How much of our adult lives are spent trying to unlearn the things we spent so many years believing?

What if instead of spending our childhood trying to fit into some box, we just got to be kids? Playing with friends, learning about the world by being a part of it, discovering who we are by what we feel and think instead of what somebody else tells us.

What if parents and teachers sought to educate the person, not the student? Or better yet, what if the person doing the learning largely took the reins?

Imagine the foundation we would have to build our lives on! How much more productive and fulfilling adulthood might be if instead of trying to figure out who we are and where we stand, we could just take our strong sense of self and build on it.

Learning is easy. But the unlearning? That can take a lifetime.

Tuesday, November 5, 2013

Tricky treat.

You probably know by now that when it comes to worrying about my kids I'm more free-range parent than helicopter mom. I typically assume everything is a-ok unless I actually see blood.

Trick-or-treating was no exception. We went with a group of neighbors and friends so the whole "it takes a village" thing was in full effect. The kids ran from house to house while I went at my own pace, chatting with friends and loosely looking after whatever child happened to be closest to my person. Every now and then Bill would yell out in a panicked voice, "Do you have Finn?!" and I'd shake my head like, "Dude, you must trust the village..." before scanning our hodge podge group and confirming that, yes, indeed someone was looking after Finn.

It went on like this for a few blocks before we decided to head back to the house. There it shifted from "it takes a village" to "Lord of the Flies" because, well, that's just how we roll. The kids do their thing while the grown ups do theirs. The lines blur from time to time of course (sometimes a grown up want to jump on the trampoline while a few kids might want to join the conversation...) but at no time does it feel like someone's "in charge".

(Except maybe Liam.)

I happened to glance into the Rec Room at some point and notice all the kids going through their candy, sorting, making trades and eating as much as they could before somebody stopped them. It was so cute and completely reminded me of Halloween when I was a kid. It was usually just our family but we were still up past bedtime, in costume, a little cold and worn out from trick-or-treating and eating candy like it was our job.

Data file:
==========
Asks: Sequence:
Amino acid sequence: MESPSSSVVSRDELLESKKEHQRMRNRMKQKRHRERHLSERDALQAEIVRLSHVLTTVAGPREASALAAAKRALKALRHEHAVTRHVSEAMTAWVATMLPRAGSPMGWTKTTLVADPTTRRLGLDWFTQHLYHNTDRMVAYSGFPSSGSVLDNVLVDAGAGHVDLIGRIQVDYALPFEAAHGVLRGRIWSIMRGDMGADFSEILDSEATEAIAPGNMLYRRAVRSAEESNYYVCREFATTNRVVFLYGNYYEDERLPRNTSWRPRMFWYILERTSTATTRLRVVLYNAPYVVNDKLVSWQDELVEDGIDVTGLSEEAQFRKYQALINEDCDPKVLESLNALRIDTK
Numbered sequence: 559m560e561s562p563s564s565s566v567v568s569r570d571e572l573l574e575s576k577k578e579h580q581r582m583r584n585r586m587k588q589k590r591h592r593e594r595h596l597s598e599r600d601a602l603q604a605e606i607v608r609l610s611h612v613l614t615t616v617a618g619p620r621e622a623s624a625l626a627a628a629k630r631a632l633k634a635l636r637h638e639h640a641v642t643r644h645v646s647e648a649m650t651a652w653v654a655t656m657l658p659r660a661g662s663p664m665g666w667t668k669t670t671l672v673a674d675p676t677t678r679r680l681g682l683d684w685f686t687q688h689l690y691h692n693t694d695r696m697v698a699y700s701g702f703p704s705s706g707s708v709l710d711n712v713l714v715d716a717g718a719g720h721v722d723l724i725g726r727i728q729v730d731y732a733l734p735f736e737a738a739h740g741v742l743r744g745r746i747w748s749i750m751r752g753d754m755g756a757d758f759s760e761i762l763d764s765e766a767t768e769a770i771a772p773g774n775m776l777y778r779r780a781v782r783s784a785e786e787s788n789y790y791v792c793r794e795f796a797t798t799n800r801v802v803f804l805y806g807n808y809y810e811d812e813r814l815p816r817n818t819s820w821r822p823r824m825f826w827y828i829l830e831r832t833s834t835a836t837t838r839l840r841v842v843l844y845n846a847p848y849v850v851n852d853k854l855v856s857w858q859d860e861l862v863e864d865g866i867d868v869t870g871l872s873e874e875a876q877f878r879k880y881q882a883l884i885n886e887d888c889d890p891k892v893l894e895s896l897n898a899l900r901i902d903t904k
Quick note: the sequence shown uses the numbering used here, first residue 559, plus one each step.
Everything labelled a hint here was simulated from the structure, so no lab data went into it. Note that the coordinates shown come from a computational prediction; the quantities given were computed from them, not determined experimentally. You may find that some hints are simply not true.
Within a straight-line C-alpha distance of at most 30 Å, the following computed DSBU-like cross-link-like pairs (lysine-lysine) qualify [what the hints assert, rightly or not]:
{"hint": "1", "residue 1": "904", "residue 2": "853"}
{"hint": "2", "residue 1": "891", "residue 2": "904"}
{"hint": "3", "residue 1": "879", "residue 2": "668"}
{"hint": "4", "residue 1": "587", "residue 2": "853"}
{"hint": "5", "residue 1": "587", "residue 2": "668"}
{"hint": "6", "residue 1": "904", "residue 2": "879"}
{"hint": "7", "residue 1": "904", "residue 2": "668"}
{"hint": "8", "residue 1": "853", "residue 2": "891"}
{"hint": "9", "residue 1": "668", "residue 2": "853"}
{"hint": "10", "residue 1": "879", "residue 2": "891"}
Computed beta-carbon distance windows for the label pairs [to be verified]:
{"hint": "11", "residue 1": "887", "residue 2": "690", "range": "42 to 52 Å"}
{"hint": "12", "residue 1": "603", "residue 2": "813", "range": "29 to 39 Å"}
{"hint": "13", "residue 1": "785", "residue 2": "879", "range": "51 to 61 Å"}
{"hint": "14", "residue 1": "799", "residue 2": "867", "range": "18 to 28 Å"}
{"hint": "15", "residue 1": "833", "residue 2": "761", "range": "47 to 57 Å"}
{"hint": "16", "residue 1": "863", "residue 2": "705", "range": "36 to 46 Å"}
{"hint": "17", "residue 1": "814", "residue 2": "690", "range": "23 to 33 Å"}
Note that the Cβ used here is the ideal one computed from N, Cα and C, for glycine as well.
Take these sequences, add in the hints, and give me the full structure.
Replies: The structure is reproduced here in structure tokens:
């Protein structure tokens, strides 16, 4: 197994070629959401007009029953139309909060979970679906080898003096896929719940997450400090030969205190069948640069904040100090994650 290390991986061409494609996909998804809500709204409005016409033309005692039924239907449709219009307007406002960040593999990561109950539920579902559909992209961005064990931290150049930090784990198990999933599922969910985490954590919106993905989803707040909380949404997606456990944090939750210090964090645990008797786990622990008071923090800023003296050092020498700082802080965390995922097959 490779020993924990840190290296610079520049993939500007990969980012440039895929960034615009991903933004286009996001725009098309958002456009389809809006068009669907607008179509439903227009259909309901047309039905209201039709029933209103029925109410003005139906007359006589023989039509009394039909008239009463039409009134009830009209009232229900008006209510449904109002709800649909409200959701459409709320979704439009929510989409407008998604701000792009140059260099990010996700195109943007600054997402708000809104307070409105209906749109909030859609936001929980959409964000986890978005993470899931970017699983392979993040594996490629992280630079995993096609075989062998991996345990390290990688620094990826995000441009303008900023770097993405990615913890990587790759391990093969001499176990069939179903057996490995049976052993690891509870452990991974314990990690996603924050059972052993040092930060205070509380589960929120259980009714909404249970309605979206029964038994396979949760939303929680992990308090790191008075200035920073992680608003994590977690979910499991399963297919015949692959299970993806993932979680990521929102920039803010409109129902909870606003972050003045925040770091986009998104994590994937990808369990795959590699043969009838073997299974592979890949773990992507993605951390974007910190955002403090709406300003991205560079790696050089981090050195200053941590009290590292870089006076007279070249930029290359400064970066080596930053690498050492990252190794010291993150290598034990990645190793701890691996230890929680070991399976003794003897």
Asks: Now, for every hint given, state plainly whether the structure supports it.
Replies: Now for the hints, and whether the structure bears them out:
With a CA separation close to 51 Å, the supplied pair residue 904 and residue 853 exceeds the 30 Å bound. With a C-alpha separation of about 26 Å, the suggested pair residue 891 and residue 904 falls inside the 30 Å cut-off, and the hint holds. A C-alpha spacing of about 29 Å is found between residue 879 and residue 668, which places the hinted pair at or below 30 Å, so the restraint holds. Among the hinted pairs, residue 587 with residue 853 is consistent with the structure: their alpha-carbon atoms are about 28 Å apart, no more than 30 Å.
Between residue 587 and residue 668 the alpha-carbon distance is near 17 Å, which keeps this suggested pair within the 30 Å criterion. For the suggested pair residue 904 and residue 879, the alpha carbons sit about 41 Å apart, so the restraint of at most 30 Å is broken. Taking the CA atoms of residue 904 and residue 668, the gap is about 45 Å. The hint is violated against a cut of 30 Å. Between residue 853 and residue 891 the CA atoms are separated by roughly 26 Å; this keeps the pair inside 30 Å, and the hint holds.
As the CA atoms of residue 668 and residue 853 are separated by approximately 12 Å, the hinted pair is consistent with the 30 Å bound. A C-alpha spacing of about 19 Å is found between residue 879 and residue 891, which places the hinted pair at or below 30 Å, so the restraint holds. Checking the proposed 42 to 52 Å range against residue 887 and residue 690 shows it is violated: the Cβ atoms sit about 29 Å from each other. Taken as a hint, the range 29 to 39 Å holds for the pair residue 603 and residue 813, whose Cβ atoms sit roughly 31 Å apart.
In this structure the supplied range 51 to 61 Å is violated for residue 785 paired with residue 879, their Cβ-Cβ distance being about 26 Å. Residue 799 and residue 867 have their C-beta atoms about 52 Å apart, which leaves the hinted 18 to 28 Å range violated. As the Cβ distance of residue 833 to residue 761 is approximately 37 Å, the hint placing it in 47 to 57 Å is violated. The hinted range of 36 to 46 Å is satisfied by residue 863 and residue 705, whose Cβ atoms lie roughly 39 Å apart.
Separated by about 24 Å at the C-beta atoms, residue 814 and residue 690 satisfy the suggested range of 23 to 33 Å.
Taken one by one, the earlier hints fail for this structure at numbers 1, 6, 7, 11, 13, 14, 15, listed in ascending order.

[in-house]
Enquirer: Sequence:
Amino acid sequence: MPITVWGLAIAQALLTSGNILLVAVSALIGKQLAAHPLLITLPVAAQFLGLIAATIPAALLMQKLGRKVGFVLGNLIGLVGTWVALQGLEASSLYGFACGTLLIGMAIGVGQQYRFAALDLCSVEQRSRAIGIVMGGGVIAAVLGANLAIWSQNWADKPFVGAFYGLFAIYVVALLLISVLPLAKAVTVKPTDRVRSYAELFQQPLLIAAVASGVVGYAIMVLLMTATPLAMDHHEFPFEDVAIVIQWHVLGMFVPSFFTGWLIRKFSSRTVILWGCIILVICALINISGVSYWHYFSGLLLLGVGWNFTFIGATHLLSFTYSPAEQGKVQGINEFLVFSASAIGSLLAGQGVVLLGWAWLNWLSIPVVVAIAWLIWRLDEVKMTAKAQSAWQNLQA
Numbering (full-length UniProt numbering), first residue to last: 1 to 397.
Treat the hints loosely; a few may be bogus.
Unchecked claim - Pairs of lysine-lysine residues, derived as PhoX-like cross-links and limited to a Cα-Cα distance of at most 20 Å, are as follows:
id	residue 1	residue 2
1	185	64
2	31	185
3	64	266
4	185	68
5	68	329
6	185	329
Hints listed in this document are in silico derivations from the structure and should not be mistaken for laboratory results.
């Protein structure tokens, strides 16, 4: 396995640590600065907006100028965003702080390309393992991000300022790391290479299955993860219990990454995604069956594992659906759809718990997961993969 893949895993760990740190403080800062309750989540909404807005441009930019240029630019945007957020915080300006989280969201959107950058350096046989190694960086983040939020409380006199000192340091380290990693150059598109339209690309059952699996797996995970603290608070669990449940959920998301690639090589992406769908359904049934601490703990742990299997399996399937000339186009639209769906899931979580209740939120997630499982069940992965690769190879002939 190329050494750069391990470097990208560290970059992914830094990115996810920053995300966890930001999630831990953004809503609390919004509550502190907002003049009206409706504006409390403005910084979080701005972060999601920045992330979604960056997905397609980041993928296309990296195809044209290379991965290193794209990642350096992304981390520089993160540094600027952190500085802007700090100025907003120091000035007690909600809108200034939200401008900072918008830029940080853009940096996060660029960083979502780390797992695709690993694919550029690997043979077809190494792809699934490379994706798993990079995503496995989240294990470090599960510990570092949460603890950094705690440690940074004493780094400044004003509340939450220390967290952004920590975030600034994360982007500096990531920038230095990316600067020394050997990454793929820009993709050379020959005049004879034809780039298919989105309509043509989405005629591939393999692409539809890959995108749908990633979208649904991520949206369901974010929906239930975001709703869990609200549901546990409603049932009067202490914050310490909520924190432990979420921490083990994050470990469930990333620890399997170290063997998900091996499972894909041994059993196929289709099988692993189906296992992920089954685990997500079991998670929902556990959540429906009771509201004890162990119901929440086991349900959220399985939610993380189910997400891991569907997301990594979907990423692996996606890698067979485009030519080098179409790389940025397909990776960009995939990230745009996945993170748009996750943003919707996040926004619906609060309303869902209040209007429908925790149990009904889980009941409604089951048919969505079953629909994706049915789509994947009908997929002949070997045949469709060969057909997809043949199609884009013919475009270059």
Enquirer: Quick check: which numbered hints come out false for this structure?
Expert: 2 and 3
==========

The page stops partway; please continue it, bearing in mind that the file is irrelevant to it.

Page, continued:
My dad would always test a few pieces to "make sure it was safe" and, even though I knew he was just teasing so he could steal my Mr. Goodbars, I also remember that being a pretty legit fear. Is it just me or were all kids in my generation raised thinking they might find a razor blade in their mini Snickers? Seems ridiculous now - I mean, who in their right mind would ruin a perfectly good mini Snickers with a RAZOR BLADE? - but I guess I had seen enough local news to know that stranger things could happen.

I have never for one second thought I should check my kids' candy to make sure it was safe. That may seem completely ridiculous to you, I have no idea. But we stay close to home, avoid creepers and use common sense. Plus, it's just candy, right?

Well...

Imagine my surprise/panic when I found this in Finny's bed the next day:



No, it's not a tequilla sucker (my first thought) but that doesn't make it any less bizarre. THERE IS A FREAKING WORM IN THAT CANDY! Of all the tricks and treats, I NEVER expected to find this stuck to my three year old's pillow the day after Halloween.

Turns out, our neighbors got it at the Adventure Science Center a while back. My friend thought she had gotten rid of it but apparently her daughter had been stashing it, waiting to surprise someone with it on Halloween.

MISSION ACCOMPLISHED.

Friday, November 1, 2013

Halloween 2013.

I have nothing against a store-bought costume - ours are some of the most played with things we own - but there's something so great about throwing an outfit together with whatever you have lying around and a little imagination. I think it's especially fun on Halloween...

Homemade Halloween - 2008. We didn't have to buy a single thing!

This year I really wanted Finn to be Hulk Hogan (his friend Coen was going to be Macho Man Randy Savage...) but he insisted on being Luke Skywalker. At first I wasn't so sure (it seems like such a shame to waste a perfectly good blond mullet...) but when I spotted a Darth Vader mask at the grocery store for $8, I started to come around to the idea.



The boys have been Luke Skywalker and Darth Vader pretty much all month but Bill and I didn't pull our costumes together until the last minute. We were obviously planning to be Princess Leia and Han Solo but when Bill realized he could use some of my leftover bun hair for a long braid and hang out in a Snuggie all night, he decided to be a young Obi Wan Kanobe.

I think it was a great decision.

As for my Leia costume, it came together pretty easily. I knew as long as I had the hair, the rest of it wouldn't matter all that much.


I put my hair in side buns right above my ears and then wrapped several braids around each one. (I made the braids from a weave I got at Hair World for $5!). I used lots of bobby pins and hair spray and everything stayed in place all night long which is kind of amazing considering how insane the weather was last night. 

Like 10' tree branch through our neighbors' windshield insane. 

Ca-razy!

As for my outfit, I just cut a neck hole in a sheet, stitched up some sleeves and added a few gold accents. 


We tested our costumes out at a party over the weekend and when I got swarmed by a group of boys who WOULD NOT leave me alone, I knew I hit the Leia on the head. 


And when we all got suited up to go trick-or-treating last night? I have to admit we looked pretty darn cool.



It was such a great night. The forecast called for a 100% chance of rain plus possible tornado warnings but we were lucky enough to stay safe and dry all night (well, except for that car...). It was warm enough to hang out on the porch well into the night but the menacing dark clouds and howling wind made it feel extra dark and spooky. It was a perfect Halloween night.

My independent little trick-or-treater...such a big boy.
(To which he would immediately say, 'I'm not a boy, I'm Luke Kywalker!')


Hope you and yours had fun! (Or, if your Halloween got postponed until tonight...enjoy!)